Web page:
27. What Time Is It There? (2001)
A master of melan-comedy, Taiwanese director Tsai Ming-liang spent the decade doing minor variations on his patented fusion of deadpan comedy and urban alienation (and an occasional dollop of musical fantasy), but never quite with the exquisite balance of What Time Is It There? Volleying between the rhyming destinies of a son (Tsai alter-ego Lee Kang-sheng) mourning his father’s death and a young woman (Chen Shiang-Chyi) adrift on the streets of Paris, Tsai captures their loneliness and uncertainty without losing his sense of humor or mystery. Shooting in single, static, exquisitely composed takes, he pays subtle homage to silent greats like Harold Lloyd and Buster Keaton while revealing his usual strong affinity for characters who are unmoored from the world around them.
26. The Incredibles (2004)
Brad Bird’s superhero story doesn’t entirely have the tender nuance of Up, the childish glee of Ratatouille, or the stunning sweep of Wall-E, but it does have a crackerjack story (written by Bird) in which every character trait and every fleeting moment are all part of a well-honed machine that serves a precise purpose. It’s also exciting as hell, with expansive setpieces tuned into tightly controlled thrill-rides where only immense cleverness as well as superhero muscle can save the day from the latest threat. What makes it exceptional, though—and noticeably a Pixar project—is that on top of being a terrific superhero story, it’s also a terrific family story, in which five people with different problems learn how to overcome their flaws, see each other as people instead of obstacles, and use their natural talents and their love for each other to meaningful purpose. With a lot of explosions.
25. Together (2000)
Swedish writer-director Lukas Moodysson has become disappointingly didactic over the past few years, but he used to be capable of warm, humanistic films like the shambling comedy Together, in which varying countercultural types convene in a commune in 1975 and spend more time debating the nature of their social experiment than they do actually living their principles. Moodysson divides his attention between the bickering grown-ups and the impact their life of rigid idealism has on their kids, who dream of toy guns and hot sausages. Nobody is too good or too bad in Together; they’re all just muddling through, the same as anyone. At a time when we seem increasingly divided by our beliefs, it’s useful to be reminded that no matter how much people posture in public, in private we all have something in common: we’re all compromised.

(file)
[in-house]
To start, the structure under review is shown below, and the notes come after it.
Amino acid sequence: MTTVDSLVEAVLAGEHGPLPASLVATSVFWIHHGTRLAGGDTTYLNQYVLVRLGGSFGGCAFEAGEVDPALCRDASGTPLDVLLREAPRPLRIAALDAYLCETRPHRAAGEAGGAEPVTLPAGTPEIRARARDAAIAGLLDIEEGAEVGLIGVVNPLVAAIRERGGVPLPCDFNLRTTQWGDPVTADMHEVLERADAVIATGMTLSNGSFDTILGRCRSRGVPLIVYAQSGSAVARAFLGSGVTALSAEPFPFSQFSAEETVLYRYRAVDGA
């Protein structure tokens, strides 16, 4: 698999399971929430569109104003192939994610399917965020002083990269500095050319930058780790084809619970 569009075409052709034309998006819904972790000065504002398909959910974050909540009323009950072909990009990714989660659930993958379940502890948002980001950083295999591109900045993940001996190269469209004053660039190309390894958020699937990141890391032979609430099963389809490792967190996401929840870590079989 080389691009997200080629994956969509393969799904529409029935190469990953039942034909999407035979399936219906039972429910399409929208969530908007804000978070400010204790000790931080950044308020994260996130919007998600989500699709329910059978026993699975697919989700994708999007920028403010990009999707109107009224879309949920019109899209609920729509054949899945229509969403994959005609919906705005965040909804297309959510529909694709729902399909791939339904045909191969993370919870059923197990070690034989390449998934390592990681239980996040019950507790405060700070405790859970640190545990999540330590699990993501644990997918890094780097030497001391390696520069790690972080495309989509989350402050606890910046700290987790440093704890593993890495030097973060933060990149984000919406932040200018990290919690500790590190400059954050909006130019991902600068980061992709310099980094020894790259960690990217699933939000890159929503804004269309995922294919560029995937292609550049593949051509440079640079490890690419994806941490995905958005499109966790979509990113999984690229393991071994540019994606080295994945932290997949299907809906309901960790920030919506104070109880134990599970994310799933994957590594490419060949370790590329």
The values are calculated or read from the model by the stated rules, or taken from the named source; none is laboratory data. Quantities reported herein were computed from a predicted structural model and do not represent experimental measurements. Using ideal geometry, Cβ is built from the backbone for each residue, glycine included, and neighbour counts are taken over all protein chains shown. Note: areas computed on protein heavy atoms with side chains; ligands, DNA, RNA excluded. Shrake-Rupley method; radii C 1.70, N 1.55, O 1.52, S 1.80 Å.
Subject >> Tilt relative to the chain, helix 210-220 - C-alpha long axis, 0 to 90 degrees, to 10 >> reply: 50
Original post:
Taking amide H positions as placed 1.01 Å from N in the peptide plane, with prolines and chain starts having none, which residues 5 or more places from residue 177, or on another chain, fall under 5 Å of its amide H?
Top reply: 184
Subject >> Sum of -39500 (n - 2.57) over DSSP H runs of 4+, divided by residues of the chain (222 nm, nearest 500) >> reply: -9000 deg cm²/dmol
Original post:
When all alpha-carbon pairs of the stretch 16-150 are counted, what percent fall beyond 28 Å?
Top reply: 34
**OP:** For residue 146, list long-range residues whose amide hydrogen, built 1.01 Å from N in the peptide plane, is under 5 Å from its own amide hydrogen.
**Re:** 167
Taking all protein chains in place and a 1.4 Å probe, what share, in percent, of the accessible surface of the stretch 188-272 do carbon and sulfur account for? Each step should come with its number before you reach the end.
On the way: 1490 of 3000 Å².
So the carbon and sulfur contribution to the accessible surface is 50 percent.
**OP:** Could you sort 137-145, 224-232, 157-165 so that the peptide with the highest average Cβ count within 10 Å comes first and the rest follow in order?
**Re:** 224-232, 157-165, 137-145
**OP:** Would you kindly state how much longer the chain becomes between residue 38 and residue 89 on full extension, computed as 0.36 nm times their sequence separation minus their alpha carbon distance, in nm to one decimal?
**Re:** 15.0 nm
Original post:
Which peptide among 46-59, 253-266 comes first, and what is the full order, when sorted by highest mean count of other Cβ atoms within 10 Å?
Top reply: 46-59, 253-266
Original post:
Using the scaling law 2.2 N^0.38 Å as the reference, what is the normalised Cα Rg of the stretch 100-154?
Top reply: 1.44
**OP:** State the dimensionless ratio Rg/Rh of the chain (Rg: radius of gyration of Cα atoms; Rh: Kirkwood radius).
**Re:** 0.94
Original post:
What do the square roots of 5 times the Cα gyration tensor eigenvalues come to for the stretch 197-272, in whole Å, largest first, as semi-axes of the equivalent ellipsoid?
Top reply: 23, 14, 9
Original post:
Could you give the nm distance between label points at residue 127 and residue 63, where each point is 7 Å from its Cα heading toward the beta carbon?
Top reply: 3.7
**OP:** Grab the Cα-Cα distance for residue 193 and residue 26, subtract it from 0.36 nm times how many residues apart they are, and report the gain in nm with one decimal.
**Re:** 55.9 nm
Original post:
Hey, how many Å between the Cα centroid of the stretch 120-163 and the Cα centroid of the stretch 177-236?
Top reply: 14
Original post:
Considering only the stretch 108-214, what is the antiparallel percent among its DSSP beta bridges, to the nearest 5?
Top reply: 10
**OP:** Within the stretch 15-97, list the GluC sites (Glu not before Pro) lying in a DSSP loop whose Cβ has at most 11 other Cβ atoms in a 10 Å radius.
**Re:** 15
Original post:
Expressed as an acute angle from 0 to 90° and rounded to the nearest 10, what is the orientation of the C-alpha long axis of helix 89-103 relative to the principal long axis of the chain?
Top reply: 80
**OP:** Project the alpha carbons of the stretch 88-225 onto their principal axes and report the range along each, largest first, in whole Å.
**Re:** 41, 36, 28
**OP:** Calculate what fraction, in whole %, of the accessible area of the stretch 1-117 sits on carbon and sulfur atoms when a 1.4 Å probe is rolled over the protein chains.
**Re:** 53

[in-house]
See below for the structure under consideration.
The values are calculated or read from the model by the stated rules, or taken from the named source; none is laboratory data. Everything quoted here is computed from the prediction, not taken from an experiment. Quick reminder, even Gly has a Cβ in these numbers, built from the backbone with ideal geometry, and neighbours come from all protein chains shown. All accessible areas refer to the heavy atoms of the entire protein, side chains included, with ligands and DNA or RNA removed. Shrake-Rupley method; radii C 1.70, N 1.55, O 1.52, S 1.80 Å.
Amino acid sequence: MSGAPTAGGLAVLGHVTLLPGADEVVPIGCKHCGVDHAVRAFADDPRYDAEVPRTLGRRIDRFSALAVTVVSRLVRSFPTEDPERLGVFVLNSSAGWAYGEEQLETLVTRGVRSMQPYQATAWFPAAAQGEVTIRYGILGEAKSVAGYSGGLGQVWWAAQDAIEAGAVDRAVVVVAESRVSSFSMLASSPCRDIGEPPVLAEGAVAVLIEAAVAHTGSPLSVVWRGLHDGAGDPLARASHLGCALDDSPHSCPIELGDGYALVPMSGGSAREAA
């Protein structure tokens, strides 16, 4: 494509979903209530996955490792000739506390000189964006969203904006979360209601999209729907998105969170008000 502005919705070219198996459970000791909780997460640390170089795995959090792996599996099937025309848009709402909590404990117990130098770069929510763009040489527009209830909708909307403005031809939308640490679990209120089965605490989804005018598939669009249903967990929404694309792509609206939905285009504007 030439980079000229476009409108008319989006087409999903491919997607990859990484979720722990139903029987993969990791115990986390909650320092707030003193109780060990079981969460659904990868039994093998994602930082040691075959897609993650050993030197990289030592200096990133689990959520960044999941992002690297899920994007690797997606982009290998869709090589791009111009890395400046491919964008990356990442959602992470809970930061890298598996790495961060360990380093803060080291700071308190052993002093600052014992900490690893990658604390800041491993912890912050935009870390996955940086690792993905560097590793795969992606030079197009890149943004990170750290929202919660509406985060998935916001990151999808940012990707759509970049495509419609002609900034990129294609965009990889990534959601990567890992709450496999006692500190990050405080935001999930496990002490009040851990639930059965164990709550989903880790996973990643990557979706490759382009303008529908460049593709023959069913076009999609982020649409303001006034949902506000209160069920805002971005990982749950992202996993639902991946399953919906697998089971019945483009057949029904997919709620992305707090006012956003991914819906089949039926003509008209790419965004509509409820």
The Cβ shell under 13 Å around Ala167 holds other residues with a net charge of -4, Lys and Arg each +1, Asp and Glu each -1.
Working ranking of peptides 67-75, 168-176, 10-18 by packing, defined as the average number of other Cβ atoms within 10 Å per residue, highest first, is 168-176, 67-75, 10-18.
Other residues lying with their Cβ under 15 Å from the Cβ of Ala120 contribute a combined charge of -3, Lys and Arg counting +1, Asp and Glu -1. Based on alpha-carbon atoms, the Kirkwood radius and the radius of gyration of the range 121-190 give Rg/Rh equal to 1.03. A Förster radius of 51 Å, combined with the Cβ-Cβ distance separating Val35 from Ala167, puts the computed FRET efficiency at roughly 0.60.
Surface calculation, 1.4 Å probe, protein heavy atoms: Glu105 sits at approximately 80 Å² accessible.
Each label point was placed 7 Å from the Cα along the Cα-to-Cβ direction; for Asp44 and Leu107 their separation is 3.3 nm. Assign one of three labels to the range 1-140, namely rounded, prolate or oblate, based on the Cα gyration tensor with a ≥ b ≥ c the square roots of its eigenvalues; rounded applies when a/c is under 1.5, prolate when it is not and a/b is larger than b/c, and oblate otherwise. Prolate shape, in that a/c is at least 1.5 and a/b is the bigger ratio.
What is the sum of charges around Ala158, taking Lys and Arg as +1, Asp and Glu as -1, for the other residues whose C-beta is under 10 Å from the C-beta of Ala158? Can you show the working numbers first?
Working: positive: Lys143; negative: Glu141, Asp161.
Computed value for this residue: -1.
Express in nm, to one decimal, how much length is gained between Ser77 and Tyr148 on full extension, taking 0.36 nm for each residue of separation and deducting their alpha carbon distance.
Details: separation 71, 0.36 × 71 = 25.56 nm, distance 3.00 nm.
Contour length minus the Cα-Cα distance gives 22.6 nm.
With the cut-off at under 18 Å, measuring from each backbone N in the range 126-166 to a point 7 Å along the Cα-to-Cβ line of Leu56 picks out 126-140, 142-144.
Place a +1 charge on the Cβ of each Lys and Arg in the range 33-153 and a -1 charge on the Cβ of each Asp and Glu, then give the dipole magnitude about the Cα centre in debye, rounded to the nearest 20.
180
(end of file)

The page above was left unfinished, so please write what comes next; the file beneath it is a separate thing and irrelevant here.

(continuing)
24. Yi Yi (2000)
In Yi Yi (A One And Two…), late Taiwanese director Edward Yang’s gentle but unblinking look at life in turn-of-the-millennium Taipei, one era gives way to another like the changing of seasons. A multi-generational saga concerned more with repetition and unseen connections than dramatic happenings—though the film has those as well—Yang’s film puts together a universally recognizable picture of family life out of the particulars of a single place. It’s an abundant, humane film, but also a bittersweet one filled with the knowledge that the coming of the new invariably means the fading of the old.
23. The Man Who Wasn’t There (2001)
The Coen brothers’ predilection for ripping up genres and eras to reveal what’s really behind them reached arguably its purest form with The Man Who Wasn’t There, a film-noir homage as much about the times that shaped noir as it is about dark shadows and stained men. As stoic barber Billy Bob Thornton deals with an unfaithful wife and a murder rap, the Coens inject sci-fi paranoia, commentary on post-war American expansion, and contemplation of Heisenberg’s uncertainty principle into their usual mix of dry comedy and pristine art direction. The Man Who Wasn’t There effectively analyzes the underpinnings of noir and why the genre emerged when it did, but it’s also unmistakably a Coen brothers movie, full of broadly drawn supporting characters and a chilly protagonist frustrated by what he can’t control. (Thornton is a fastidious man, yet he’s surrounded by clumps and strands of human hair, which never stops growing.) The result is a film that some found too aloof and bizarre—one for the hardcore Coen-heads, in other words.
22. United 93 (2006)